The architecture of the World Cup 2018 stadia (Part 2)

Before the World Cup began, we looked at five of the Russian venues playing host to the games over this summer’s festival of football.

With the competition now well underway and providing plenty of excitement and talking points, we now turn our attentions to the remaining seven stadia, many of which are in some of the lesser known cities of this intriguing nation:

Rostov Arena (Rostov-on-Don)

The exciting draw between Brazil and Switzerland at the weekend saw the first glimpse of the newly built Rostov Arena.

A five-year building process on the 43,472 capacity stadium included the unearthing of five WWII bombshells. In total, the venue cost three billion rubles to construct, which equates to nearly £36m.

Architecturally, the most interesting thing about the arena is the unusual shape of the roof, which slopes as it makes its way around the stands. The design is said to take inspiration from the nearby Kurgans, a group of historic earth mounds in the Rostov-on-Don area.

Krestovsky Stadium (Saint Petersburg)

Certainly one of the more familiar cities to those outside of Russia, Saint Petersburg is home to one of the country’s biggest clubs in FC Zenit. As of last year, the city has a new stadium able to hold more than 64,000 spectators.

The proposed design of the stadium was titled ‘The Spaceship’, and it’s not hard to see why. A disc-shaped, futuristic-looking venue, the Krestovsky is believed to be one of the most expensive stadiums ever to be built, coming in at £830m. Indeed, this eye-watering sum created some disputes among contractors in 2016, bringing a brief halt to the work.

Well-equipped to deal with both potential hooliganism and spectators with disabilities, the stadium hosted Russia’s win over Egypt on Tuesday, and will be the venue of one of the semi-final games.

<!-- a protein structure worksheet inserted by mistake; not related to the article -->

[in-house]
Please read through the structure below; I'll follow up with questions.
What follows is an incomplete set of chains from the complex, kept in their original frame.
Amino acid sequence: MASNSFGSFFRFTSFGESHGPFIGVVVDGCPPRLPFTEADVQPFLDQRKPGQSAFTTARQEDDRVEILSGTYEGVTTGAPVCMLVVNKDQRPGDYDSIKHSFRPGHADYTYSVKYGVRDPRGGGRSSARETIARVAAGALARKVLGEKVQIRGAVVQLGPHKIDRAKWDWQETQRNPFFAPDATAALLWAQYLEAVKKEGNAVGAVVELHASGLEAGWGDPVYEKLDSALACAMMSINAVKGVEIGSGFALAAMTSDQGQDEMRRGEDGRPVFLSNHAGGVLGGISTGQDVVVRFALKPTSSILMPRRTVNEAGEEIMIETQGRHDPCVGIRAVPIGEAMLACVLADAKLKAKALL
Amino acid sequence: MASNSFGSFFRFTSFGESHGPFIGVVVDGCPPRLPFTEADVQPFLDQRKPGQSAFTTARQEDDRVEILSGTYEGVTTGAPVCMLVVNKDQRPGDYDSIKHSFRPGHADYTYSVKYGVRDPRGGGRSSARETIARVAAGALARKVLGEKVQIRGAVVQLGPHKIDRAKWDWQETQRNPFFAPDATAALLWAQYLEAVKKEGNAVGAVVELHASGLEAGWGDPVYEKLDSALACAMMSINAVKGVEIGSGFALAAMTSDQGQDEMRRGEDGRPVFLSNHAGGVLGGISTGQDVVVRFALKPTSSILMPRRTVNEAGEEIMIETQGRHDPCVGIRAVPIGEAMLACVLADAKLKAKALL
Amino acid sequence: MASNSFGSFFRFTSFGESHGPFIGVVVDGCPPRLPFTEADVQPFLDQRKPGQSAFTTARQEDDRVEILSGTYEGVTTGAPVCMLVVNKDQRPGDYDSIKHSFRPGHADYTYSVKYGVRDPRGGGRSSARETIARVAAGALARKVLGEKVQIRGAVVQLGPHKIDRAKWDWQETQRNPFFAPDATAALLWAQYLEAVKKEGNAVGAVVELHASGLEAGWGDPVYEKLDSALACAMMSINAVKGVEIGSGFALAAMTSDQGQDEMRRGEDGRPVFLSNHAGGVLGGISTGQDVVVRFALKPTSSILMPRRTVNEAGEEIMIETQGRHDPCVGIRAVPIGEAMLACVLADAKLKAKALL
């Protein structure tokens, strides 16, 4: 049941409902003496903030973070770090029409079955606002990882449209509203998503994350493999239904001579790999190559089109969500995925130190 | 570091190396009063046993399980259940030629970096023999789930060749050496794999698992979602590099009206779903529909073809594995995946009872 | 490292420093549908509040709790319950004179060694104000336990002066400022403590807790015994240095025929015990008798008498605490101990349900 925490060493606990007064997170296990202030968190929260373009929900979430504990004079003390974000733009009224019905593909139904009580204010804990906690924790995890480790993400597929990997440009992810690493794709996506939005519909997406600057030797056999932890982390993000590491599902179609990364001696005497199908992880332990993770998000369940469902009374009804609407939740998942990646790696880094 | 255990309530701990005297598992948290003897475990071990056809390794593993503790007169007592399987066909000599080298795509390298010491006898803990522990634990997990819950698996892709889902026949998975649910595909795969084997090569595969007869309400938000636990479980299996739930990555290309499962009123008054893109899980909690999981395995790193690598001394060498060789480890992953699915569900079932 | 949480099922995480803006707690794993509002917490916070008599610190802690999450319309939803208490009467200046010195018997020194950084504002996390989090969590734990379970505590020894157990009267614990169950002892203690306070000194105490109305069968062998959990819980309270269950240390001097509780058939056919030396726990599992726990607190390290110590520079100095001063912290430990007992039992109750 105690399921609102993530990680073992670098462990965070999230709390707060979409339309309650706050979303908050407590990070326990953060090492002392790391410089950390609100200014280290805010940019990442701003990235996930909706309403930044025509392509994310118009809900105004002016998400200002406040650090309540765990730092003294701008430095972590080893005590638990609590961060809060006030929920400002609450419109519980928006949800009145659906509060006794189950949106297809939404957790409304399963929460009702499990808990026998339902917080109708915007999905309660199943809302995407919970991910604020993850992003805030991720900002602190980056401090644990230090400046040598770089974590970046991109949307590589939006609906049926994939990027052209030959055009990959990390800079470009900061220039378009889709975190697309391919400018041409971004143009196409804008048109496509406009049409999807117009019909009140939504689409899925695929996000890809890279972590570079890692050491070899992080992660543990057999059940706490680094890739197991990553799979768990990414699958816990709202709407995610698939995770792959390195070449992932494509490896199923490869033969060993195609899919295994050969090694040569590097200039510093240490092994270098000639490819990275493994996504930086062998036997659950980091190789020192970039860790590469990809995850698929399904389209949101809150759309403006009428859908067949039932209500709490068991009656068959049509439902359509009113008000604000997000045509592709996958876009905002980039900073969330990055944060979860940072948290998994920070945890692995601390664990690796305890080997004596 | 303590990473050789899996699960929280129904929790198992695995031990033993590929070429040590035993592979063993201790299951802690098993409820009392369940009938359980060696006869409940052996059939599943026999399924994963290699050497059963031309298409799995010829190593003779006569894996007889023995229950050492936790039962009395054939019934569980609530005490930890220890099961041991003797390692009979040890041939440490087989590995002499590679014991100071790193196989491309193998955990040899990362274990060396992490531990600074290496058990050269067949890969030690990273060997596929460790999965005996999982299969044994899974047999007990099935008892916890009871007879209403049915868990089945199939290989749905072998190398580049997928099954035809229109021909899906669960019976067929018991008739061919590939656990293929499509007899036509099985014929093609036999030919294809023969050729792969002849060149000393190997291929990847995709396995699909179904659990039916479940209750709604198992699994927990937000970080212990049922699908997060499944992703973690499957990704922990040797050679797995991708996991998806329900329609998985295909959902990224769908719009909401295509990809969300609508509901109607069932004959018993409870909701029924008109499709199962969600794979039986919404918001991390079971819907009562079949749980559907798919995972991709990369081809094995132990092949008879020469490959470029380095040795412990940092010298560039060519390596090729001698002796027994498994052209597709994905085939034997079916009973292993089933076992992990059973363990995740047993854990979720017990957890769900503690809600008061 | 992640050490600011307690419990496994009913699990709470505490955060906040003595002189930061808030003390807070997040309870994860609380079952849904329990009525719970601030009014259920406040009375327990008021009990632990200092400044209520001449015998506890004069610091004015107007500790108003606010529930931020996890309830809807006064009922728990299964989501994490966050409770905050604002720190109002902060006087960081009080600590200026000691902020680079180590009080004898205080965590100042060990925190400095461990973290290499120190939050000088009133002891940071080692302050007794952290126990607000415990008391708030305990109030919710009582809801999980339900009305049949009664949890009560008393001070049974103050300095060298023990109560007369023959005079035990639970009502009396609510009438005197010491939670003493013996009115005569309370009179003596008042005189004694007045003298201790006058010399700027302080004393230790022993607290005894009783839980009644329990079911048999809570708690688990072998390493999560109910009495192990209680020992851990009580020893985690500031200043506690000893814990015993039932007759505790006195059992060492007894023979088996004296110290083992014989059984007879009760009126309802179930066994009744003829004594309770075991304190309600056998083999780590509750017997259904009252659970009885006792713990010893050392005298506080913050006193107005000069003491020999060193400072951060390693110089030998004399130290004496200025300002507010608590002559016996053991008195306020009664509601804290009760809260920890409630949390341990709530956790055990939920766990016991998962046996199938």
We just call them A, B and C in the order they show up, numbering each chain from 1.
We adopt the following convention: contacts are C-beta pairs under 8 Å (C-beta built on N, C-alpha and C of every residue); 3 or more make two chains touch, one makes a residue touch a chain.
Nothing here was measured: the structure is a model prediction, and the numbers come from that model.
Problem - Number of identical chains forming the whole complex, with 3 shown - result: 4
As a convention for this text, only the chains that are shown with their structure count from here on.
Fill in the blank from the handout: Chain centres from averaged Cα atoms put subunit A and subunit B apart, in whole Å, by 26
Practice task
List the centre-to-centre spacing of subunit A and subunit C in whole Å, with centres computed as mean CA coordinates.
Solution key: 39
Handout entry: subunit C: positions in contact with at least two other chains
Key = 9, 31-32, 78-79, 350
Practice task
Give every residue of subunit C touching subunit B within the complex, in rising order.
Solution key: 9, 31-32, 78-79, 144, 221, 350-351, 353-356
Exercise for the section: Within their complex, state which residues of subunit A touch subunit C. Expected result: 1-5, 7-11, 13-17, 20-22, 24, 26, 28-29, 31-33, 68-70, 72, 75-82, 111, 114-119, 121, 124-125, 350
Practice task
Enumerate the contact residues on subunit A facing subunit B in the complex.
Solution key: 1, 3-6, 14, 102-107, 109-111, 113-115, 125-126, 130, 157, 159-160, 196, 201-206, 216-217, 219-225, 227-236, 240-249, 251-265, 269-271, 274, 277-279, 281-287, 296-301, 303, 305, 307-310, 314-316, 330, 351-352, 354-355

Cosmos Arena (Samara)

Another new stadium, and again, as the name implies, there is a space theme. Architecture fans will love the domed roof that covers the entire stadium in Samara, giving it a UFO-style appearance. Perhaps one has to be there to appreciate it in its fullest splendour though, as the appearance extends to the star-shaped shadow the structure casts on the ground adjacent to it.

Towering 60 meters in height and with a capacity of nearly 42,000, the Samara venue is an impressive structure. Look out for it during this afternoon’s game between Denmark and Australia.

Mordovia Arena (Saransk)

A BBC article from this week has suggested that Saransk could be the most unusual of the 12 stadia hosting games during the current tournament. It was a surprise choice of venue for most Russians, and work on it had begun before the nation was even awarded the 2018 World Cup.

It has a capacity of 41,685 for this summer, although this is expected to drop down to 30,000 when the competition finishes as FC Mordovia Saransk – a club playing in Russia’s third tier of football last season – become its tenants.